The Bourne Legacy Review: The Franchise Is Re-Bourne, But the Legacy Is Certainly Tarnished

The Set Up:

The Bourne Legacy takes place around the same time as The Bourne Ultimatum, the previous iteration of the franchise.  But instead of showcasing the story of amnesiac assassin Jason Bourne, The Bourne Legacy centers on another assassin, Aaron Cross of the secret government program Outcome.  Outcome is an offshoot of the Treadstone/Blackbriar program that Bourne leaked at the end of Ultimatum and, fearing a scandal,  head of Outcome Eric Byer decides to eliminate the program, and all the agents involved in it.  But as Byer soon finds out, Aaron Cross is a hard man to dispose of.

Cast: Jeremy Renner, Rachel Weisz, Edward Norton, Albert Finney, and Edgar Ramirez

Written By: Dan and Tony Gilroy

Directed By: Tony Gilroy

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The Delivery:

Before I saw The Bourne Legacy this weekend, I thought it would be appropriate to revisit the franchise.  I remembered enjoying these films, although I never really loved them as much as most people did.  Seeing them a second time, however, changed that.  Well I still have my issues with the series (mostly with the first entry), I couldn’t help but appreciate how the Bourne films could be both kick-ass action films and (GASP!) intellectual thrillers.  The Bourne series is smarter than your average summer blockbuster, and I love the series for it.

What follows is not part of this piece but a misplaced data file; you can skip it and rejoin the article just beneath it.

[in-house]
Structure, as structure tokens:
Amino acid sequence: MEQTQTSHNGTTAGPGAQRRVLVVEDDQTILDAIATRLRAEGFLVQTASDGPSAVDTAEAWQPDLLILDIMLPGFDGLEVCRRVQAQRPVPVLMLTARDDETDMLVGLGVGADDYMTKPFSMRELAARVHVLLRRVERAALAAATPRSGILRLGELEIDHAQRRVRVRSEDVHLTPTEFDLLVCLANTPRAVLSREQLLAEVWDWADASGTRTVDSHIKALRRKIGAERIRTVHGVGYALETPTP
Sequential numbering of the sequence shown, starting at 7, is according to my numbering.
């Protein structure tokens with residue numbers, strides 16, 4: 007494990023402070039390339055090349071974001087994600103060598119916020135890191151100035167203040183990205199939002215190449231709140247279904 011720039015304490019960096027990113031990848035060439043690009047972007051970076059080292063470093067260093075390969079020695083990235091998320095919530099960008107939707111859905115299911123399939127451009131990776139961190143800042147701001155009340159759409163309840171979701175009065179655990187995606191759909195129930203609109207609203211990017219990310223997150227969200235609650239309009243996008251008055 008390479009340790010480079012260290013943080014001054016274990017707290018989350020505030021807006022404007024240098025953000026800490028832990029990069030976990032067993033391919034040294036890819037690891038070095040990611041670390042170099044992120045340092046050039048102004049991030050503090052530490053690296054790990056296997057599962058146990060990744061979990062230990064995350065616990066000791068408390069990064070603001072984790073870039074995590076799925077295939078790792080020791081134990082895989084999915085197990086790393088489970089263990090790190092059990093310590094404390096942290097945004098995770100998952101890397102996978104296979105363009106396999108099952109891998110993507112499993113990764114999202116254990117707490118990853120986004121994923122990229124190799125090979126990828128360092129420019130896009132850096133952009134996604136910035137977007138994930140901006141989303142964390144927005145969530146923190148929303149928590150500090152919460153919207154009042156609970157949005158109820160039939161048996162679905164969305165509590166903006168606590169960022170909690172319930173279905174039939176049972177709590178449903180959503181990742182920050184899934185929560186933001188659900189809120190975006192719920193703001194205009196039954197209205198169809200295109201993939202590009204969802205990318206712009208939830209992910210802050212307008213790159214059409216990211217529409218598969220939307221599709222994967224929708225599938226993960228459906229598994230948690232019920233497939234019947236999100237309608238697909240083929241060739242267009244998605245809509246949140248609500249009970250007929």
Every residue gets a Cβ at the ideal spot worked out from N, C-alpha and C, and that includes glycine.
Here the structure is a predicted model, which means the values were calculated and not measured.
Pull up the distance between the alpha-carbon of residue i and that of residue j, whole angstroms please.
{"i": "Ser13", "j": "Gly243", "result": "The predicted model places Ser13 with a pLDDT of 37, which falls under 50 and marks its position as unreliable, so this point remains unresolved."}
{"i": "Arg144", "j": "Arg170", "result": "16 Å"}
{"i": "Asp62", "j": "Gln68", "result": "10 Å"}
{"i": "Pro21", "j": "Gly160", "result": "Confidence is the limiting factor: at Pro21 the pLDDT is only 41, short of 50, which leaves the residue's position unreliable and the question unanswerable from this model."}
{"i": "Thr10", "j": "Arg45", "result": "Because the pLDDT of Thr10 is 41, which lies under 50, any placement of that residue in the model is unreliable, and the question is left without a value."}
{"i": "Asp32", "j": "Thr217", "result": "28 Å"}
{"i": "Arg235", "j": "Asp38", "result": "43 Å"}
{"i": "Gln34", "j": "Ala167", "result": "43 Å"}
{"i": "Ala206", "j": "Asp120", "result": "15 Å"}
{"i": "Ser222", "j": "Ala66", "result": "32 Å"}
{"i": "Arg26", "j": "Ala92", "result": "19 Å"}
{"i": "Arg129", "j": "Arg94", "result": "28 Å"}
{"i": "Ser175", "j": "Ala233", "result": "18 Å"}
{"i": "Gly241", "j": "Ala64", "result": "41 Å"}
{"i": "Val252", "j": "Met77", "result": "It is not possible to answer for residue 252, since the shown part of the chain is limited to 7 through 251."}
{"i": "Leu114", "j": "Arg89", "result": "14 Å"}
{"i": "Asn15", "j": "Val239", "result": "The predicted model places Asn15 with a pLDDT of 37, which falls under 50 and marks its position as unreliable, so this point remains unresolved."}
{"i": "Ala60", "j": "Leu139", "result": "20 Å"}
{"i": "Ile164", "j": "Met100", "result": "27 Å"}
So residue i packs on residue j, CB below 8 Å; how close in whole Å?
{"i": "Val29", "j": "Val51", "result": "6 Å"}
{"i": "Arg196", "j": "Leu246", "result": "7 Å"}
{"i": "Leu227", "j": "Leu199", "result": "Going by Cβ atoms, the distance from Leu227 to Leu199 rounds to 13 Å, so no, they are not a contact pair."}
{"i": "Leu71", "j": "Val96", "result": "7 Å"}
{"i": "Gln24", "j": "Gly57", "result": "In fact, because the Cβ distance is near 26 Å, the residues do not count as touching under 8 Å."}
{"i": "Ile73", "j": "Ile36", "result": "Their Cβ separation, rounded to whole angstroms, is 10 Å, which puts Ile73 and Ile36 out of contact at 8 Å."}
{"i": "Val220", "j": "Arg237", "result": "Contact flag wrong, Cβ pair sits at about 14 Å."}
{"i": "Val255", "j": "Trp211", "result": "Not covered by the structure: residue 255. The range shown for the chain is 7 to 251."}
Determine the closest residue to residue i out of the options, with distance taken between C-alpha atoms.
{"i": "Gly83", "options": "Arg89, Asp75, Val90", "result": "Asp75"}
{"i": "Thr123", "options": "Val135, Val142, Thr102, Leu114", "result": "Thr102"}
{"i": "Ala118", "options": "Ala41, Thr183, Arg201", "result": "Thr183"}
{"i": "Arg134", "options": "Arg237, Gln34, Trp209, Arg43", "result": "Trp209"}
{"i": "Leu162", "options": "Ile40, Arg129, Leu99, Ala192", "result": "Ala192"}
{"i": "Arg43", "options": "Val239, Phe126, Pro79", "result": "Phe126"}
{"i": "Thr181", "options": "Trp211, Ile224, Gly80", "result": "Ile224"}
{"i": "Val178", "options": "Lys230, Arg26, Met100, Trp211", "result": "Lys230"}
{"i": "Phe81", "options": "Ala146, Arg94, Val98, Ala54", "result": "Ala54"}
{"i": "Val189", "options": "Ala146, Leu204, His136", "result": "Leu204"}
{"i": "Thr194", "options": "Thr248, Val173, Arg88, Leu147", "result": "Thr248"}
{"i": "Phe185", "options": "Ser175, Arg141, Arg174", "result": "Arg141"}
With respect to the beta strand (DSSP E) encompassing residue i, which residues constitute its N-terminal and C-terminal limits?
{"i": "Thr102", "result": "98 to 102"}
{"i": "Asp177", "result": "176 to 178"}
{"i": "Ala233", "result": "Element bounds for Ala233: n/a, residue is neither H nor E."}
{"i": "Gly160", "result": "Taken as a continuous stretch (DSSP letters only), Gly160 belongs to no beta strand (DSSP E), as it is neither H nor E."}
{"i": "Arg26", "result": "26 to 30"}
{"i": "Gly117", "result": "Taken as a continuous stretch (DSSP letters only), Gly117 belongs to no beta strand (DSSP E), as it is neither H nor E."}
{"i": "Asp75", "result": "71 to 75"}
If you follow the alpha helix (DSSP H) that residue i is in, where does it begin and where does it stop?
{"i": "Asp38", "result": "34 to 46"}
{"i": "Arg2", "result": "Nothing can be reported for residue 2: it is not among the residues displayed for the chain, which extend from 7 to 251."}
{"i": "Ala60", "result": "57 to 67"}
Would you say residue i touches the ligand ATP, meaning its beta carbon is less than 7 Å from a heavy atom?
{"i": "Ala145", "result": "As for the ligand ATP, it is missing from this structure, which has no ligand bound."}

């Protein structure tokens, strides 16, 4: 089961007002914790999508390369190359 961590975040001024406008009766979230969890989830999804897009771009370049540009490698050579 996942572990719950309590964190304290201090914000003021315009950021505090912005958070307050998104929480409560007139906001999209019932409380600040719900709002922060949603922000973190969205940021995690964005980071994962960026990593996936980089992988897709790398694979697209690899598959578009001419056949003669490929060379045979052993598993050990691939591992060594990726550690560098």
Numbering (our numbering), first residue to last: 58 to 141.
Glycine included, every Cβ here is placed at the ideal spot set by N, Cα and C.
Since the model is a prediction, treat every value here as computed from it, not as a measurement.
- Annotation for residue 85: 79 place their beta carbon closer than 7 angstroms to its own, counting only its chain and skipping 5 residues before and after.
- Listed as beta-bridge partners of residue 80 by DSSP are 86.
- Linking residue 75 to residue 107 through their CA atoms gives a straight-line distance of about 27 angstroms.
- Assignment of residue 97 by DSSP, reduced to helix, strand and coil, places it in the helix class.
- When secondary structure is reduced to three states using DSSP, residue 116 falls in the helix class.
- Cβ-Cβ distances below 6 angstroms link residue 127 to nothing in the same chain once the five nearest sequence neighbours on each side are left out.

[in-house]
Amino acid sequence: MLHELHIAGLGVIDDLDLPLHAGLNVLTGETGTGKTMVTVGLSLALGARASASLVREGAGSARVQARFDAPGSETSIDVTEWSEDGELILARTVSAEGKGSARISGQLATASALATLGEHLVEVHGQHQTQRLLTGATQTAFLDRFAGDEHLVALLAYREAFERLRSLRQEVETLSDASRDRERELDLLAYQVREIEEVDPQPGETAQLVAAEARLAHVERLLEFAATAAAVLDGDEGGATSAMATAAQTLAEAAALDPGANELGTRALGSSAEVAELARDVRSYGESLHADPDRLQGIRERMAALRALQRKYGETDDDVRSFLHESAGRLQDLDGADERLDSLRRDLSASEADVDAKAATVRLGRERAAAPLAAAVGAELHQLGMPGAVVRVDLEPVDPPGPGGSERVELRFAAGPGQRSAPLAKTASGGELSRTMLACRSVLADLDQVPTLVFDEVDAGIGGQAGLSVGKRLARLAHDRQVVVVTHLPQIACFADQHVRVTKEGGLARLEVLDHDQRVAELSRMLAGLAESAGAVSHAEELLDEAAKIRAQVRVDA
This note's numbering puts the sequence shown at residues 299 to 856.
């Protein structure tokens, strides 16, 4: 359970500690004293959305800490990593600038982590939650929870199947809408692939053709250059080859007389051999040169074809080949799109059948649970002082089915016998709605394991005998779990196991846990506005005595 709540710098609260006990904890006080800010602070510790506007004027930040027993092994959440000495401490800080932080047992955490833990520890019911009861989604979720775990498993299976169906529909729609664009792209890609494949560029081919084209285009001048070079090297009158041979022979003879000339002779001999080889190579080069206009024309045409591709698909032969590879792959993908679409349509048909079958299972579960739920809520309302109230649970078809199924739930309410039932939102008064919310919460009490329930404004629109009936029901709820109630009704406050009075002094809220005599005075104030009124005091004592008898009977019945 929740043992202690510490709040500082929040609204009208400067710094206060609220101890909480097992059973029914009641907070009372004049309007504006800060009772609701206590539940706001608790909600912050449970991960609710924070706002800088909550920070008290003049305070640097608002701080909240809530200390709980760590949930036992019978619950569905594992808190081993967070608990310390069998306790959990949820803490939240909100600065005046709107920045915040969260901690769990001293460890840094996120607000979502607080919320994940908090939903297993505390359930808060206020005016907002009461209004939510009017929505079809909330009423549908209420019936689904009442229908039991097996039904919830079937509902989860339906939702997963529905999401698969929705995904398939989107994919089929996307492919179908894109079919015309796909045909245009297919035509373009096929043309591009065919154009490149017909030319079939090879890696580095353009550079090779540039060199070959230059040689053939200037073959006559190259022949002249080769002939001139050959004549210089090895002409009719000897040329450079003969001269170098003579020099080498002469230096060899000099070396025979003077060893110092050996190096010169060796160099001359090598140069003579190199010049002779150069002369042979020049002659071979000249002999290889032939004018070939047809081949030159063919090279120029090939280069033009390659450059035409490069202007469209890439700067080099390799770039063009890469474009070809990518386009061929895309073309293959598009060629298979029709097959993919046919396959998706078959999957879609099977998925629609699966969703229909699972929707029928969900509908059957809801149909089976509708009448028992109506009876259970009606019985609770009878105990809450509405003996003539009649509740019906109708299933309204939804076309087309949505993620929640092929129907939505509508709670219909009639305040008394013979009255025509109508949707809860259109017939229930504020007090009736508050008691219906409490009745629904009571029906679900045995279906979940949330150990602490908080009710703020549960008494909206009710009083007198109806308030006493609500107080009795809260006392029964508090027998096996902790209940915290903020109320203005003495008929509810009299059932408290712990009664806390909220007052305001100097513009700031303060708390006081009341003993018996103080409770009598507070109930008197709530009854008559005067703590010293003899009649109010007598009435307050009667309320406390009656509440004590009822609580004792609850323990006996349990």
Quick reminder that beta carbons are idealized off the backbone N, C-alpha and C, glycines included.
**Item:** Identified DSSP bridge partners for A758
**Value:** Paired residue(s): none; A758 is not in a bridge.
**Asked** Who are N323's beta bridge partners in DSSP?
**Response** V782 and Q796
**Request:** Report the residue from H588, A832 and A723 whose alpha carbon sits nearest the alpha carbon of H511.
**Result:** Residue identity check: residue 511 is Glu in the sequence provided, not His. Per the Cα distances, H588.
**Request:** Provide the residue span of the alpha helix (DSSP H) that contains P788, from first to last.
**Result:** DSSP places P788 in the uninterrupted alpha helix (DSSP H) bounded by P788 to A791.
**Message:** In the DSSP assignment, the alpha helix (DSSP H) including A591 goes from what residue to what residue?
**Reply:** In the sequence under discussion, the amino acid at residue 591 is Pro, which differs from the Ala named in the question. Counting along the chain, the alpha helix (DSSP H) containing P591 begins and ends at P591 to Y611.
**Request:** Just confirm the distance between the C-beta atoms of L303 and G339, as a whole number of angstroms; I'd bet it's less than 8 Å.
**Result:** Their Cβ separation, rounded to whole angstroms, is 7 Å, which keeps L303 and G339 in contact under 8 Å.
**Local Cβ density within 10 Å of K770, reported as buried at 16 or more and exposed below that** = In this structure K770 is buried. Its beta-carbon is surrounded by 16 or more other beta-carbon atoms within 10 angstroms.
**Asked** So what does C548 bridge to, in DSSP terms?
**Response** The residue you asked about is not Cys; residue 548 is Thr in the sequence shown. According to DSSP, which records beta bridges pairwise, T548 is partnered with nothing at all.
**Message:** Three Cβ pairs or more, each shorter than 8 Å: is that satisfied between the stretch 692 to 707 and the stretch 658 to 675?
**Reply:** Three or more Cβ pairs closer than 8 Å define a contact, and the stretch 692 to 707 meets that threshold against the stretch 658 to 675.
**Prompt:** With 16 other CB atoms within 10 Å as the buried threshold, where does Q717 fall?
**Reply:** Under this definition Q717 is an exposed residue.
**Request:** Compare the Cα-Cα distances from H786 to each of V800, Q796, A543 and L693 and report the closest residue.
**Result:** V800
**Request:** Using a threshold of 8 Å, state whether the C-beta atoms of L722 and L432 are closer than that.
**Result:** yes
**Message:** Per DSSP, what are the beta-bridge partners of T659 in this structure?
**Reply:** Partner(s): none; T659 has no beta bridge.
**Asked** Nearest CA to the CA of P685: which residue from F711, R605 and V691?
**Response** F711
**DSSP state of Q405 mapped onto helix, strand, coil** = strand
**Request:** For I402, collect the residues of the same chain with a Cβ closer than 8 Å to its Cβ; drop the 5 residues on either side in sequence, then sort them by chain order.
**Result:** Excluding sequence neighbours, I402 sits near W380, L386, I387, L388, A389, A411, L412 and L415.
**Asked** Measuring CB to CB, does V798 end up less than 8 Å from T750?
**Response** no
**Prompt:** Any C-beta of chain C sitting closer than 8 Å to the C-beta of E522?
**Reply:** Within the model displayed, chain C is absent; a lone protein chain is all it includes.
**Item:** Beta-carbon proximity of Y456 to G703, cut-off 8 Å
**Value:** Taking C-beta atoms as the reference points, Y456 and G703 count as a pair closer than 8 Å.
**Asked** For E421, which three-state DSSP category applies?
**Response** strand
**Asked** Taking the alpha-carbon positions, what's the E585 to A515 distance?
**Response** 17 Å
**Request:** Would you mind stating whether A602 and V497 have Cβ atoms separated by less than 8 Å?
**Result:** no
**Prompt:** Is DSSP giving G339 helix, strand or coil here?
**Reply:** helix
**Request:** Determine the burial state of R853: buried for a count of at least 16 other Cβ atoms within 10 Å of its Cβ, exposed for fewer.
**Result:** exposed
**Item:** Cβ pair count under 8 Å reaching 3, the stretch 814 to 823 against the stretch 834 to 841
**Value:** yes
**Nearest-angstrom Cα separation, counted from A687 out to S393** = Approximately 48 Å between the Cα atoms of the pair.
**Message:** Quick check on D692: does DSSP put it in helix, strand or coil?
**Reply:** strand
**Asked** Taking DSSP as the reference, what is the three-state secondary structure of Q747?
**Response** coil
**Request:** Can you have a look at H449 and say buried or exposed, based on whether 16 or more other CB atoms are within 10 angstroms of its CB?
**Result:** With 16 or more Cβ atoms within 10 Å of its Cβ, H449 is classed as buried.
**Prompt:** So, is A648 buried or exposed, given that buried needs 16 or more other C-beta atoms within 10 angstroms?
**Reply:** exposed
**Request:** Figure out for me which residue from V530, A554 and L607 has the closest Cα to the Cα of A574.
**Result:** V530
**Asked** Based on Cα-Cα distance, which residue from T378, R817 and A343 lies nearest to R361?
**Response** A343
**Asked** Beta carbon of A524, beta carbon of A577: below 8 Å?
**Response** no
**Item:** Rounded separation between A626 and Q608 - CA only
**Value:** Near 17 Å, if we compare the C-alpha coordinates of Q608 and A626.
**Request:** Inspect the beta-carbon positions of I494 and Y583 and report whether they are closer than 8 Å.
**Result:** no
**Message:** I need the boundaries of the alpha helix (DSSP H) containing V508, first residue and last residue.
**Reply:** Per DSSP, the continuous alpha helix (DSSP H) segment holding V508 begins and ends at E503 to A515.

The Bourne Legacy, on the other hand, is quite a step down in both degrees: action and intelligence.  Which is shocking considering the talent involved.  Taking up the directing/writing helm this time around is Tony Gilroy, who wrote the first two films.  If you remember correctly, he also wrote Ultimatum but apparently, his script wasn’t up to snuff for any of the parties involved, including Paul Greengrass and Matt Damon.  Universal then hired Scott Z. Burns to re-write the screenplay.  And even though Gilroy’s name was still on the script, he was not pleased with the re-write, nor the reaction to his original treatment.  Back in 2007, it probably would have been a safe bet to say that Gilroy wouldn’t work on a Bourne movie again.

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But never say never!  After talks on Bourne 4 with Paul Greengrass and Matt Damon fell apart, Universal hired Gilroy to write a reboot/side story to the Bourne film.  Since writing the Bourne films, Gilroy had become quite an accomplished director, with Michael Clayton and Duplicity under his belt.  To avoid any further director/writer squabbling with the franchise, they hired him to direct as well.  Which was probably the worst decision they could have made.

And I’m not saying that as a Tony Gilroy hater; I actually enjoyed both of his previous films, and the scripts for the previous three Bourne films.  But this…this is not a good movie.  By ANY stretch of the imagination.  Furthermore, it’s conflicted as to whether it’s a reboot or a sequel.  Hell, it probably can be best described as a different thing altogether.  At this point, the Bourne in the title is just for branding purposes; it’s like calling a Kit-Kat a Hershey bar.  The only thing they have in common is that they are made by the same people.